Outside of a 1987 VHS release from MCA, Secret Ceremony has flown mostly under the radar on home video in the U.S. but has enjoyed multiple editions in Europe including passable DVDs in the U.K. and France (as well as the inevitable Spanish bootleg). In 2019 the film made its Blu-ray debut as a U.K. Region B limited edition from Indicator. The transfer looks excellent and easily surpasses its standard def predecessors, maintaining the nice inky darkness of the interior scenes as originally shot but bringing out a lot more detail and texture throughout. The gaudy color scheme has been left intact as well, including those eye-popping red buses. The LPCM English mono audio is also in excellent condition and features optional English SDH subtitles. The film can also be played with a new audio commentary by "Loseyologist" Dean Brandum and Alexandra Heller-Nicholas, which starts off on a bumpy note with forgotten names and lots of paper shuffling but soon gets into a nice, cheerful groove as they hone in on Losey's cinematic approach (including his relevant focus on rituals and family dynamics), the frequent critical misconceptions about the film, the tropes of British cinema around that time, and the career backgrounds of everyone involved including a small but surprising appearance by future Oscar winner Peggy Ashcroft as one of Farrow's aunts. A relevant segment from a 1969 episode of the B&W French TV series Cinéma critique (15m3s) features critic Michel Mourlet covering the director's career up to that point (including his exodus from America) along with selections from the film, with Losey himself turning up near the end on set to offer effusive praise for Taylor's performance. Then The Beholder’s Share (24m14s) features Losey's son, Gavrik Losey, sharing memories of his father's bucking against the religious snobbery of the American Midwest, his political leanings that landed him in hot water, and the complexity of the relationships and themes in this film. The infamous 1971 TV version is represented here with a reel of its unique footage (17m36s) with Robert Douglas and Michael Strong providing a long framing device preparing for the upcoming trial taking place in the aftermath of the film's events, presented here in a new scan and looking great. You also get a look at some alternate footage presented with toned-down dialogue, which is fascinating to compare. The theatrical trailer is also included, in either an open matte SD presentation or a Trailers from Hell option hosted by Larry Karaszewski. The disc closes out with a massive 139-image gallery of promotional and publicity material, while the usual impressive insert booklet comes with a new Neil Sinyard essay, a newspaper report from the set, archival comments from Losey, notes on the source novella b y Marco Denevi, and sample critical reviews.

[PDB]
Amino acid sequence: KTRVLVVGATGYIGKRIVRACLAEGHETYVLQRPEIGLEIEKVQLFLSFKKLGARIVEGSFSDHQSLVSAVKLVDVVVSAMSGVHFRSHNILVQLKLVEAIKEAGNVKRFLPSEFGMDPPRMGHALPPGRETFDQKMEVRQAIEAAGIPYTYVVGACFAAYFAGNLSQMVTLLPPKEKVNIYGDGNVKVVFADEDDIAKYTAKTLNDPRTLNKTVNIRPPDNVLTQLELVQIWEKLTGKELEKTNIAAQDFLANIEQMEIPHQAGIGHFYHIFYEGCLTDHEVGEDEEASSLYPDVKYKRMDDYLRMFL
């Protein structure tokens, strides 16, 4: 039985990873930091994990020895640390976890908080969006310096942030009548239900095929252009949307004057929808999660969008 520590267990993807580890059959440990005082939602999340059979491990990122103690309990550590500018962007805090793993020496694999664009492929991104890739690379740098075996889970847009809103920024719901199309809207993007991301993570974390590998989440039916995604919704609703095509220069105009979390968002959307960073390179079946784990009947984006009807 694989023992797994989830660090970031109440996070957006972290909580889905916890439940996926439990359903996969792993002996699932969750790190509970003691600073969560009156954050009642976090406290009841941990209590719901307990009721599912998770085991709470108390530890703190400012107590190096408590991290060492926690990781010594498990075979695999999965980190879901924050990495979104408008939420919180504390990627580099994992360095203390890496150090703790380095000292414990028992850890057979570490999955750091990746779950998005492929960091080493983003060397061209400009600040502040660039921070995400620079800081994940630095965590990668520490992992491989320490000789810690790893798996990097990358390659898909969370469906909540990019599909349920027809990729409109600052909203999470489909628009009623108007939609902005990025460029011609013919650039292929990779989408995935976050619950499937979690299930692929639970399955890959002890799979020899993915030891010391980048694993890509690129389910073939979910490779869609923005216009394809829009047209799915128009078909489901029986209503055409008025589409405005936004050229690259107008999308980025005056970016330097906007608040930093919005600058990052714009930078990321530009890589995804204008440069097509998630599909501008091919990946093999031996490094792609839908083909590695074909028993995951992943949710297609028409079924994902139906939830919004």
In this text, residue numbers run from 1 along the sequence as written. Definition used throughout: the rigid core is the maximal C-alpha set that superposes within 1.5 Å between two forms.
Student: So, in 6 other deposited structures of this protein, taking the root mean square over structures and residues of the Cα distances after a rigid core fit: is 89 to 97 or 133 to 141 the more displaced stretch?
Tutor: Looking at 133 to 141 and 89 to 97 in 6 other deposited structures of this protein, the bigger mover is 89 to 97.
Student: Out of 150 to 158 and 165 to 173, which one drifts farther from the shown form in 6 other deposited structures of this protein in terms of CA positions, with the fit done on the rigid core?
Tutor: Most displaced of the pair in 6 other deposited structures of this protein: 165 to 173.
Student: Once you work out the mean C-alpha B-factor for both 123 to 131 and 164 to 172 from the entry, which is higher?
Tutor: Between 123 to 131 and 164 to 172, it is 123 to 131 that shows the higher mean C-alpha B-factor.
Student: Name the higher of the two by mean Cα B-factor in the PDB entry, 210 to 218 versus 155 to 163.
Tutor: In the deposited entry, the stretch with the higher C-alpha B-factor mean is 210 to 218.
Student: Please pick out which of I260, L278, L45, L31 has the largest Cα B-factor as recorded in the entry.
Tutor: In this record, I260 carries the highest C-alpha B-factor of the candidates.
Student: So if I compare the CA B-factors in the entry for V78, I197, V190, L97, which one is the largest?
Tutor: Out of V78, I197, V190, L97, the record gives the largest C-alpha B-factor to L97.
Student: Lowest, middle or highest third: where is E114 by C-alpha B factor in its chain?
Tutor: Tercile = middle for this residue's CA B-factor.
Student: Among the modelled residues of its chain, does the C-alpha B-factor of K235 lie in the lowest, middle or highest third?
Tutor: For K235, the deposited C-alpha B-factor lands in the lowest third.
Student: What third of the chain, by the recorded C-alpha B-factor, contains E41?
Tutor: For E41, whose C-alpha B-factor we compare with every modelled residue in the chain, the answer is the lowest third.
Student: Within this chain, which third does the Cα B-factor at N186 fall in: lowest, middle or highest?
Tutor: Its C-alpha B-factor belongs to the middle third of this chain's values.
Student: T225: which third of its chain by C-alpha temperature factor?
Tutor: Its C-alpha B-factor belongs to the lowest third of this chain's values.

Reviewed on December 9, 2019.